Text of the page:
One of the best characters in Onward is the Manticore (Octavia Spencer), who has ended up managing her legendary tavern in a rather more commercial and toothless way than in previous generations. Her day-to-day life is now more about kids’ birthday parties and avoiding one-star online reviews, as well as the lawsuits that would likely come if she were to embrace her previous lifestyle. She also rocks a great manicure and some nice lipstick, by the way. However, her encounter with Barley and Ian sparks an identity crisis and subsequent yen for her old life of curses, swords and maps, which is only too handy when Laurel is in hot pursuit of her sons and needs all the help she can get! A spin-off movie of Laurel and the Manticore’s road-trip is absolutely something I would watch.
There’s also the joke that Onward’s unicorns are far less Disney Pixar sparkly fantasy than expected and more feral pigeons, scrounging in the bins for scraps. Pixies are also transformed into a fierce biker gang who do not take kindly to any slights, even when imagined. The fake top half of Ian and Barley’s dad flopping about in ways that infuriate the pixies is one of the film’s highlights. Barley’s warning of the fearsome gelatinous cube that consumes anything in its pathway is also a fun addition that Pixar has borrowed from real-life D&D lore (the giant floating cheese puff, maybe less so). The way that Pixar has imaginatively interpreted many of these fantasy motifs for a modern setting is one of Onward’s major strengths.
Another outstanding feature of the film is, of course, the technical standard of its animation. Both Pixar and Disney are constantly at the boundaries here, pushing what’s possible. In the scene featuring a fake fur Manticore suit, the way the fibres have been animated to appear both life-like but also fake in comparison to the rest of the film’s reality is quite staggering. Onward has a lovely balance of the mundane and the fantastical, and the way Pixar melds them together is really fun (see also in the script, with Ian’s very relatable fear of the merge). Having the added fantasy element means there’s also room for plenty of colour and some beautiful landscapes – only to be expected, of course, when one is undertaking an epic quest.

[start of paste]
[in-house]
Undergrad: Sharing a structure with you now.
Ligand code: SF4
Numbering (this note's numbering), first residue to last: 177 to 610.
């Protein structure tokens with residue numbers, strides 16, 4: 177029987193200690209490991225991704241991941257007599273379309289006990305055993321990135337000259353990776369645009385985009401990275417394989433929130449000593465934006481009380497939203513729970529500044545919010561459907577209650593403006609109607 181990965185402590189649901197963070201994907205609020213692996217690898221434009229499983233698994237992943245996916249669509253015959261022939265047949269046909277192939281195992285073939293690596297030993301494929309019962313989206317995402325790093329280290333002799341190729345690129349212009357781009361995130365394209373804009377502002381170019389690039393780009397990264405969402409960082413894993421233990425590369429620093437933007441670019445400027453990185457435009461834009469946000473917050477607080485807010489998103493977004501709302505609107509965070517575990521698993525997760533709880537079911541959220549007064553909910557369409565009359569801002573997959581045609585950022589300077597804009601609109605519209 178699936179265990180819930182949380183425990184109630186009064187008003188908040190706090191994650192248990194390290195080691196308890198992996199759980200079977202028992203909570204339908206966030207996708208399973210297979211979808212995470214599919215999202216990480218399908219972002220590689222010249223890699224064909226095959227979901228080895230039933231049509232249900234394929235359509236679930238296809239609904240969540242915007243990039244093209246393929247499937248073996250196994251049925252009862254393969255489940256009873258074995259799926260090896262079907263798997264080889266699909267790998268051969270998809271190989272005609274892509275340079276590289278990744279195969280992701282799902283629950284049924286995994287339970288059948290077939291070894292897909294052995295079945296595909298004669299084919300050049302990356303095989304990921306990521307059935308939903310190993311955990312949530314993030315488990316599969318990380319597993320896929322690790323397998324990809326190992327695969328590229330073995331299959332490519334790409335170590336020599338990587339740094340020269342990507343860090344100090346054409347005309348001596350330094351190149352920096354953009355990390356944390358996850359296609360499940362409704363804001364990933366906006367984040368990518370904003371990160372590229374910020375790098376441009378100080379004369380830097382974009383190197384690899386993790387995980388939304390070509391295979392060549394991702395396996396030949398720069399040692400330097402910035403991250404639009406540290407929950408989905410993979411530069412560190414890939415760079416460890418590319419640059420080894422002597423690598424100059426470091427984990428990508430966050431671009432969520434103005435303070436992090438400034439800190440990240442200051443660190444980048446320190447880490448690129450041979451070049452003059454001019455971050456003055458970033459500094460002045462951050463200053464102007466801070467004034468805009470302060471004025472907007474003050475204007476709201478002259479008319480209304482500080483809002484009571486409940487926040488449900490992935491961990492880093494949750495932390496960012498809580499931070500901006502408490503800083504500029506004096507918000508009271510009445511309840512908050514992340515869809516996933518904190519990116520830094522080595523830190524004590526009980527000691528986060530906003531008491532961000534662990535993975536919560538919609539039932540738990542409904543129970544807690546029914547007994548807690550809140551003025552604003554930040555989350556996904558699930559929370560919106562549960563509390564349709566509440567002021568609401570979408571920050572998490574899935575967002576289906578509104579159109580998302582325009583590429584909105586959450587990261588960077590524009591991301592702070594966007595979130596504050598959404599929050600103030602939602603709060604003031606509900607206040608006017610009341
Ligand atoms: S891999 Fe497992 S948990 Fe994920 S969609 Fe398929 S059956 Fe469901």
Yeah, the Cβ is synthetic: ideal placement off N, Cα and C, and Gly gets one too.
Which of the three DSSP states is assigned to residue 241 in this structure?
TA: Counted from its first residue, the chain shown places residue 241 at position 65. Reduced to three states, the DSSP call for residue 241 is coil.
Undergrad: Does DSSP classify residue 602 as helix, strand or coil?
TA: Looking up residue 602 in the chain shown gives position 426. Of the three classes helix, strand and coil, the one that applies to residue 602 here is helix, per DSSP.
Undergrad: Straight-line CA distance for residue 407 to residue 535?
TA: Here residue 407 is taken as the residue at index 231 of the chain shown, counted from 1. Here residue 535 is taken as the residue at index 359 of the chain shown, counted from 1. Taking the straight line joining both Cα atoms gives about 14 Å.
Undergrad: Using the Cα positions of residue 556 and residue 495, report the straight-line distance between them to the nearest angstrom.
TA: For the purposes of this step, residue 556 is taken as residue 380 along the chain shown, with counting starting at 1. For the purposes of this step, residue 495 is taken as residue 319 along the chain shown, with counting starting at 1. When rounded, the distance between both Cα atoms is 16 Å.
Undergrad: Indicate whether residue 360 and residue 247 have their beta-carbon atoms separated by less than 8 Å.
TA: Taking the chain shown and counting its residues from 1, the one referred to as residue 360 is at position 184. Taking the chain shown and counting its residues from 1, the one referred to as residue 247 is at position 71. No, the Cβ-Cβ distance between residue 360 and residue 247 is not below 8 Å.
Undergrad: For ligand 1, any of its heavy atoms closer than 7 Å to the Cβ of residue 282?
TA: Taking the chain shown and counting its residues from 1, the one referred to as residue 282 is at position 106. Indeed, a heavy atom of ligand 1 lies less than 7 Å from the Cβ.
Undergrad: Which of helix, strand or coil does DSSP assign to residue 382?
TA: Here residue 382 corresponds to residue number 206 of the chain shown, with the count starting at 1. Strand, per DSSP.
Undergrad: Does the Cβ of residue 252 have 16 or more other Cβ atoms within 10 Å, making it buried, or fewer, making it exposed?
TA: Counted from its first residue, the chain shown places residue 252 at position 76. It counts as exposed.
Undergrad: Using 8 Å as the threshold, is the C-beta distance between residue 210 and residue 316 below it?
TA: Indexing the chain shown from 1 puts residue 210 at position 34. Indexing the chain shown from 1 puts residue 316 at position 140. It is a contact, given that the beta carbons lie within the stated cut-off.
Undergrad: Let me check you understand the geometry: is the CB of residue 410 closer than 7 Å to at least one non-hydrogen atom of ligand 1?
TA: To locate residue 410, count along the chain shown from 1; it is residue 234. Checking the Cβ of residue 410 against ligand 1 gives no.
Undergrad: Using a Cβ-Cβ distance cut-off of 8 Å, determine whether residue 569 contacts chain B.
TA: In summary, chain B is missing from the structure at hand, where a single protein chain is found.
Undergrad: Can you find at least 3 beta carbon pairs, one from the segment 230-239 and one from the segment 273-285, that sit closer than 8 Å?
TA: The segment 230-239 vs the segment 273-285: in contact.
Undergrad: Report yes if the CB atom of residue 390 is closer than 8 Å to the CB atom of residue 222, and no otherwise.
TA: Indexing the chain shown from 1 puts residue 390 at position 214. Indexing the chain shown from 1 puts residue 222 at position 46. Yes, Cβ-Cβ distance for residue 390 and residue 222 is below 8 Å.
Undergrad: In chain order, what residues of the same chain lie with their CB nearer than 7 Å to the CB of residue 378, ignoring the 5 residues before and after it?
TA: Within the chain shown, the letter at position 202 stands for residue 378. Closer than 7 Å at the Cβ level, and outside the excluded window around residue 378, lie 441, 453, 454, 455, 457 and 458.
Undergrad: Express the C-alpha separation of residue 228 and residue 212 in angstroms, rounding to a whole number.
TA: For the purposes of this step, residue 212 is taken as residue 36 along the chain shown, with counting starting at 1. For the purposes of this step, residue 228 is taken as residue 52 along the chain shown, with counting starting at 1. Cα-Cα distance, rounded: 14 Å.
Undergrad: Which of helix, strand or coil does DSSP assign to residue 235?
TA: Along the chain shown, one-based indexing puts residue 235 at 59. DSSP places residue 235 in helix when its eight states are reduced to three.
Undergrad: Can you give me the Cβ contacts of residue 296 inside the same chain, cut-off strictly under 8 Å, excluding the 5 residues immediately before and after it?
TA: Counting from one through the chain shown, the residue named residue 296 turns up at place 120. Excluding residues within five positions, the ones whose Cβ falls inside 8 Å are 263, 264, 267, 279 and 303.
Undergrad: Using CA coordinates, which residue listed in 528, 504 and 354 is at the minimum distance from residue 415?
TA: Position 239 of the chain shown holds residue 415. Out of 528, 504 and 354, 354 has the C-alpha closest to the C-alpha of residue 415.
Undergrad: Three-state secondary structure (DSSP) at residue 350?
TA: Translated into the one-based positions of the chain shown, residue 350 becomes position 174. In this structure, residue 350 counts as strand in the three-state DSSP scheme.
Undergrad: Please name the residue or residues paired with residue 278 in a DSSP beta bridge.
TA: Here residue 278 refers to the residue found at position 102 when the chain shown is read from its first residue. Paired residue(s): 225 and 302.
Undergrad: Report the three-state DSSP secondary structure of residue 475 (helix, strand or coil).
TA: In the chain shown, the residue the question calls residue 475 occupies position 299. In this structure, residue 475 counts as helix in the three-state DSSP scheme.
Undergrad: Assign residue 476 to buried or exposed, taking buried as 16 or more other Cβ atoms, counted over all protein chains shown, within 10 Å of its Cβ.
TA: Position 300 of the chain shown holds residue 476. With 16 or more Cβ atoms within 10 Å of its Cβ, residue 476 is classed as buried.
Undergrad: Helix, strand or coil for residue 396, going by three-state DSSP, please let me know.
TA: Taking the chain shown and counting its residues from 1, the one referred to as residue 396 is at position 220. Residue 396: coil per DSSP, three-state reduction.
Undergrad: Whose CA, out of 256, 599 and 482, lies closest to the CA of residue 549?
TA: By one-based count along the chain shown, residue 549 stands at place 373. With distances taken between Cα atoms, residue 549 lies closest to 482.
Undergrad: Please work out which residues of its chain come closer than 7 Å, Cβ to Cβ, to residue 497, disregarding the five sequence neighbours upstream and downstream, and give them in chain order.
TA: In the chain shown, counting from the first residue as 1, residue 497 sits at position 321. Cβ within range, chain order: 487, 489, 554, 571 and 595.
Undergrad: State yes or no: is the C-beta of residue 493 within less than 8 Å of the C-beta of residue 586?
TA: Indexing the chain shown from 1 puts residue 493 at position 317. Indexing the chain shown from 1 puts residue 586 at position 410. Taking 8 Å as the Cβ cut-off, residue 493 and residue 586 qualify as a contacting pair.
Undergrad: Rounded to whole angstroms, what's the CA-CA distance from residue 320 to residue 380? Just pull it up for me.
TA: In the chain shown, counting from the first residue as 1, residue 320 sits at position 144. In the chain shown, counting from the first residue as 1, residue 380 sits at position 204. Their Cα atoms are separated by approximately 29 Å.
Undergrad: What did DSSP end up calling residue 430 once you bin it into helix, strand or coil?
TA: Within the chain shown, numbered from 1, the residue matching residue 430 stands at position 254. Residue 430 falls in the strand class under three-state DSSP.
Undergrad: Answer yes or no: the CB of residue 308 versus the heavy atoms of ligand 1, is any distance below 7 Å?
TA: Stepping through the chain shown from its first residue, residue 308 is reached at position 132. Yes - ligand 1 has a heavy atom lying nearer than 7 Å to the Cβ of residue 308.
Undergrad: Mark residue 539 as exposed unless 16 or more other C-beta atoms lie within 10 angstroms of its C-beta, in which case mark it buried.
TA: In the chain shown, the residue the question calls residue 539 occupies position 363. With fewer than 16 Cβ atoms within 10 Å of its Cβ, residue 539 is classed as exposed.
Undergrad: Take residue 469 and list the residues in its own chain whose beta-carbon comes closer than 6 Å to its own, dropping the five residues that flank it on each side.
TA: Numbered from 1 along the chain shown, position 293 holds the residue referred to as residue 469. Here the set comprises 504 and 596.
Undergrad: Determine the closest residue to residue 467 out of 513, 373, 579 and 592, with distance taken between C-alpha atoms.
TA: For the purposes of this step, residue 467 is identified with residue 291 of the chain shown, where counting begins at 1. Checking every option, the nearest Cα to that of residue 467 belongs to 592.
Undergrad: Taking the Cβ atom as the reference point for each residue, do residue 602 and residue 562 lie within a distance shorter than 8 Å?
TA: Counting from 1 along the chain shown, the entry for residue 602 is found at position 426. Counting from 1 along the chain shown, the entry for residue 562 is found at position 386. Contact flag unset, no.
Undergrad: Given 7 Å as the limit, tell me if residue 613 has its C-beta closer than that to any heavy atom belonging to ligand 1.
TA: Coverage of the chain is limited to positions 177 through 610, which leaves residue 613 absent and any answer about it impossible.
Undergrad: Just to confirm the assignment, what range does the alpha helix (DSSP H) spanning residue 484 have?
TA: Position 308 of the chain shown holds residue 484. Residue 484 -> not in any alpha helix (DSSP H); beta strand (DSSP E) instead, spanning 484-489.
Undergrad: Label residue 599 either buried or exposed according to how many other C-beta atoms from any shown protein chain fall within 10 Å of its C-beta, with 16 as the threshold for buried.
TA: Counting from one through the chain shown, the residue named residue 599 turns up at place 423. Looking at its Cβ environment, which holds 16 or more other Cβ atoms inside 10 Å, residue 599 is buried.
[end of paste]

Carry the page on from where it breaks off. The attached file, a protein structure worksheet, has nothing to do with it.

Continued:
A lot of Onward’s emotional heft comes back with a vengeance in the final bits of the film. Without going into spoilerific specifics, the way Ian comes to define his relationship with Barley, and the way in which the story wraps up their quest to properly meet their father, is both traumatic and life-affirming. You are very aware of Pixar’s emotional manipulation, but the company does it so well (they’re professionals at this, anyway) that it’s okay! To say it does for brothers what Frozen did for sisters is rather reductive – it’s a different type of setting and story and, quite frankly, it’s more powerful here.
So ready yourself for an epic film quest, as there’s plenty of charm, fun and magic to embrace in Onward.
Flickering Myth Rating – Film: ★ ★ ★ ★ / Movie: ★ ★ ★ ★